Almost Half Now Facing Longer Commutes Than They Did 12 Months Ago

Almost half of Irish motorists are spending longer on commuting to work or their place of education than they were last year, a recent survey has found.

In response to an AA Car Insurance survey of over 6,500 Irish drivers, 30.29% of those surveyed indicated that they now spend more time on their commute to and from work than they were 12 months ago. Meanwhile, a further 16.04% stated that this was somewhat true of their current commute, depending largely on traffic levels.

Meanwhile, the survey also found indicators of a growing reliance on the private car, with 20.42% of respondents stating that they were more likely to use a car for their morning commute than they would have been 12 months ago.

“In recent years the number of those in employment has steadily returned from recession era levels. While this is certainly a positive, it appears that the infrastructure hasn’t yet caught up to the increase volume of people commuting during peak hours and with many public transport options operating at peak capacity during the main morning and evening rush, many are spending longer commuting than they previously have due to increased road traffic” Conor Faughnan, AA Director of Consumer Affairs stated. “One of the major challenges facing Ireland currently is the fact that we have, over several generations and governments, established an overreliance on the private car due to underinvestment in public transport and cycling infrastructure. Many of those who do drive are conscious of the negative climate and environmental implications of relying so heavily on a car, but often view the alternatives as too unreliable for them to rely on.”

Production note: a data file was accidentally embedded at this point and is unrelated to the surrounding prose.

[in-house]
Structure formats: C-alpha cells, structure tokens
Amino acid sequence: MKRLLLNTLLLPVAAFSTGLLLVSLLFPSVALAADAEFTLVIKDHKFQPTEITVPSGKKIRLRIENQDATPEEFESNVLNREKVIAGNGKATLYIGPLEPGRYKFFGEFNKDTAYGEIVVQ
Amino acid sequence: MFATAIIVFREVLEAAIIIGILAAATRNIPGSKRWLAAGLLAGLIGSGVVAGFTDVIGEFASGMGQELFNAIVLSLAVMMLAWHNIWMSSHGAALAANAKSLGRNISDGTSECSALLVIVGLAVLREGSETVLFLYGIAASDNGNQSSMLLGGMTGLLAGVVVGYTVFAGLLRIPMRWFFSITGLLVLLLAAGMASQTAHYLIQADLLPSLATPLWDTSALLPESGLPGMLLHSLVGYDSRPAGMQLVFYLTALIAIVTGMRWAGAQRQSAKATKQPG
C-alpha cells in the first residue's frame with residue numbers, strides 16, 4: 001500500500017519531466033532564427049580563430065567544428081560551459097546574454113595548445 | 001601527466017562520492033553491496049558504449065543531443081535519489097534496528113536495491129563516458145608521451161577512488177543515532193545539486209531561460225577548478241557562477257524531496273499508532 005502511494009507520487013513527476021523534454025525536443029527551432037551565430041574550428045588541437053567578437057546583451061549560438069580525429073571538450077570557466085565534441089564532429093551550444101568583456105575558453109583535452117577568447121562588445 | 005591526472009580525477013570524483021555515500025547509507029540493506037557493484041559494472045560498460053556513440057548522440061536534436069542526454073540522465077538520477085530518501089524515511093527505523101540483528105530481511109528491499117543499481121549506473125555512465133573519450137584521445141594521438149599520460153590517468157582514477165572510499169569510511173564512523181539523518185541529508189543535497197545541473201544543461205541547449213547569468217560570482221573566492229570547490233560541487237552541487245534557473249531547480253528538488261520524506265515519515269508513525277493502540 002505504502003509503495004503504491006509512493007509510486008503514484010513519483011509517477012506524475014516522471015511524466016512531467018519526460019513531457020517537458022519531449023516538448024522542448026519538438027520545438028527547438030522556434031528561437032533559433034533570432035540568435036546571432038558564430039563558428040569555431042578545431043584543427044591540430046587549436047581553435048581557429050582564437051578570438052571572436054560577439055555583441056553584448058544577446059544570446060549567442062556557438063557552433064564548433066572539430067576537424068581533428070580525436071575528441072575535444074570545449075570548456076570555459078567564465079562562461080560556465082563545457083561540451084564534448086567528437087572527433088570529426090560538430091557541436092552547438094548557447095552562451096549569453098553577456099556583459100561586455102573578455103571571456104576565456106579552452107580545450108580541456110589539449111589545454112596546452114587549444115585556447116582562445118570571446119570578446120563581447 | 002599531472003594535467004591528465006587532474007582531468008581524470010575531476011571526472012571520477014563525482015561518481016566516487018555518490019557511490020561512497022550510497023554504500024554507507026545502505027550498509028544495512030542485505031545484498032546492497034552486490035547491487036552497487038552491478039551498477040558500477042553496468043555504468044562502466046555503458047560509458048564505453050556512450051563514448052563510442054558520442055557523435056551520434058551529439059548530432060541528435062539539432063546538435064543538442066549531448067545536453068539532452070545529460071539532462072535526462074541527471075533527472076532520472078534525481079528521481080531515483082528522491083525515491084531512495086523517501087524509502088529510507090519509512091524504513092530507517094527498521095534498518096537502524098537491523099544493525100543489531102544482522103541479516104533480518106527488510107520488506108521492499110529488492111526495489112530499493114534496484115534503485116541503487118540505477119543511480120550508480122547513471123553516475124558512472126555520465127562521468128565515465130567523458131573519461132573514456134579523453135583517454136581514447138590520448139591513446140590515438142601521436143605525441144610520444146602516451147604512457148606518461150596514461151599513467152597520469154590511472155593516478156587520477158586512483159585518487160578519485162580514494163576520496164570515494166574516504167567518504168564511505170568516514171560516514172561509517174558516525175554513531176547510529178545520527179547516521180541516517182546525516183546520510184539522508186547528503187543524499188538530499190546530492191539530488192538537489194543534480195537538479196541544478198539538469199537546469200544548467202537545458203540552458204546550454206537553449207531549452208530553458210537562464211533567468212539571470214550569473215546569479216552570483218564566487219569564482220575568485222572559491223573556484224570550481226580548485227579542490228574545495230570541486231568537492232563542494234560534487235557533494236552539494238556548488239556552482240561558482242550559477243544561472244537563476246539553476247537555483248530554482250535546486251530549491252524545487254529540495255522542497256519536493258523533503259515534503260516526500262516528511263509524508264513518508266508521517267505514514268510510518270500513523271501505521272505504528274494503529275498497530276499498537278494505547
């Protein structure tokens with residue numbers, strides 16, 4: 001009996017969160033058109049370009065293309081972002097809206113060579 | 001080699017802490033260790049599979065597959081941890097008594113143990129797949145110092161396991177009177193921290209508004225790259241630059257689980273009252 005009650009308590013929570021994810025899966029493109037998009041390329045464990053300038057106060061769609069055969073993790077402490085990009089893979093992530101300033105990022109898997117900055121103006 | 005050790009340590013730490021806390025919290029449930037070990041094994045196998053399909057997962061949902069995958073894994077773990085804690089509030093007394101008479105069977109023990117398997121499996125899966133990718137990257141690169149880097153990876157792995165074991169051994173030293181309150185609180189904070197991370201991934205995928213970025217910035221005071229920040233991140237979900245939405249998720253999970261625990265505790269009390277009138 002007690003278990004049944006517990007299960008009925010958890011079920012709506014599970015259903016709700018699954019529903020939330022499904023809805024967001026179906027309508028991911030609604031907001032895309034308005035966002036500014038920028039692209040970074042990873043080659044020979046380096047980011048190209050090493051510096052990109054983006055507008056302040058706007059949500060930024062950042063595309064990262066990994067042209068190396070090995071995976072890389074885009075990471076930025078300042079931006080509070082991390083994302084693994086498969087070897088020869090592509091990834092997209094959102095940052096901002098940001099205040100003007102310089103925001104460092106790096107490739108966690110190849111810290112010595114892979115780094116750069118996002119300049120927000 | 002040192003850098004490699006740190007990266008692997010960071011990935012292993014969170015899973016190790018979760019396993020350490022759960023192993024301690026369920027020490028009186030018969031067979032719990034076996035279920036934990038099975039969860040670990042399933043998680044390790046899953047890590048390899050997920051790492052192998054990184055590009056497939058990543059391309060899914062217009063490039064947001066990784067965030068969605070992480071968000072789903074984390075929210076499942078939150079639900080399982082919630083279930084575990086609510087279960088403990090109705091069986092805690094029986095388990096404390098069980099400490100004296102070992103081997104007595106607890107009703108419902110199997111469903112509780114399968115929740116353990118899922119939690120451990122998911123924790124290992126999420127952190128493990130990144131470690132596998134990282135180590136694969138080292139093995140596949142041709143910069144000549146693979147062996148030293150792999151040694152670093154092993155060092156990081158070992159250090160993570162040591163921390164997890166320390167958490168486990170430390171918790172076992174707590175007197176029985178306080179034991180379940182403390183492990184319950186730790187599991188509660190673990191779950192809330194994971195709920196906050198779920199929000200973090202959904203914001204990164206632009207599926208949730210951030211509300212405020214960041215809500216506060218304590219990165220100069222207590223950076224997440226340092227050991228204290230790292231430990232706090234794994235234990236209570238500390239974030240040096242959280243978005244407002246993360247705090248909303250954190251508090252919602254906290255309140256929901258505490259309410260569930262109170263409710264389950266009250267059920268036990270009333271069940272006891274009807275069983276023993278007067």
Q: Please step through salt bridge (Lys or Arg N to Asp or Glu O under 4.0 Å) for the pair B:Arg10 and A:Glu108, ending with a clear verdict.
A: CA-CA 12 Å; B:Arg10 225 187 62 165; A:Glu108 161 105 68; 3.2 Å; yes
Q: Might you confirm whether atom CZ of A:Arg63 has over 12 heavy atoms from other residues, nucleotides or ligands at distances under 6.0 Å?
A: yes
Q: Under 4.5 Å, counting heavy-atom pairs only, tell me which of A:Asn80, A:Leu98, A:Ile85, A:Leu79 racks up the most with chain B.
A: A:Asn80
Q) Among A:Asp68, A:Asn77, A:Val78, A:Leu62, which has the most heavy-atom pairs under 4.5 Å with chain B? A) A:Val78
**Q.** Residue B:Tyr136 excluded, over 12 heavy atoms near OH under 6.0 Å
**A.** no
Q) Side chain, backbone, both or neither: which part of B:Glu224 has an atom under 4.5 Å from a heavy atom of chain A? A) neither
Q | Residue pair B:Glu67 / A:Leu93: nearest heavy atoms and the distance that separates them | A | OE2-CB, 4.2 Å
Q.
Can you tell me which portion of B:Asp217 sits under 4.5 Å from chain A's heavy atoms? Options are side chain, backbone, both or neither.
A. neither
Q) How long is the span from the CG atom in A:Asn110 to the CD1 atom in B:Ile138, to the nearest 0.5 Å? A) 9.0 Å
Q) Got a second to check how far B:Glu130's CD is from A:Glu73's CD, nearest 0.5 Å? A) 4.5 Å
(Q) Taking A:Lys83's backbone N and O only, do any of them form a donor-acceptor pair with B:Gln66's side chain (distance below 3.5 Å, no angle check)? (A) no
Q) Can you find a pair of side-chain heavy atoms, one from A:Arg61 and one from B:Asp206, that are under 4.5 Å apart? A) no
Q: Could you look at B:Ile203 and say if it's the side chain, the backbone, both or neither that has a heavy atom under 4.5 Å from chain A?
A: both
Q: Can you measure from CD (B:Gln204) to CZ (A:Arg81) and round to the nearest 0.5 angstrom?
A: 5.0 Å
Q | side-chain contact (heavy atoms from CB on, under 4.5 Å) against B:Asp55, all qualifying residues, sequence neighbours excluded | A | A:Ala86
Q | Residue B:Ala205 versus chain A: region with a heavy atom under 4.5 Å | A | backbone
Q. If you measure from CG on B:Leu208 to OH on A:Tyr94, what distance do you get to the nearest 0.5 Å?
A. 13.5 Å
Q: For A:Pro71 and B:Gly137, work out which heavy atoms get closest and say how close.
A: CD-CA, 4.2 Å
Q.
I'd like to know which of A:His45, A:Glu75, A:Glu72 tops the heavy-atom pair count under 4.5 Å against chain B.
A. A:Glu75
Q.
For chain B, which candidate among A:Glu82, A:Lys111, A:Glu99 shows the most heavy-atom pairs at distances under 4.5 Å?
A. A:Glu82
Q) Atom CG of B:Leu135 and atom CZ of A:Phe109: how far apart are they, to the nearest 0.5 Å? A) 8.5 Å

While the survey indicated that car reliance was on the rise among respondents, it also found that motorists were willing to switch to public transport if they felt it was reliable.

When asked about their commuting habits, 35.26% of those surveyed strongly agreed that a lack of reliable public transport had left them reliant on a car to get to work, even though they would prefer not to use their car. Meanwhile, a further 13.63% indicated that they were somewhat in agreement with this prompt.

“You only need to look at how full LUAS and major city bus routes are during rush hour, as well as the growing number of those who cycle as their primary mode of transport, to see that where you provide viable alternatives to the car people are more than willing to use them,” Faughnan added. “Project Ireland 2040 includes a number of good initiatives such as a LUAS for Cork, a Metro for Dublin and plans for significant increases in funding for cycling infrastructure. However, we need to see these efforts carried out in a timely manner and, irrespective of whoever makes up the next government, a change in attitudes at Leinster House where too often the go to idea in response to congestion has been to simply build more road space.”

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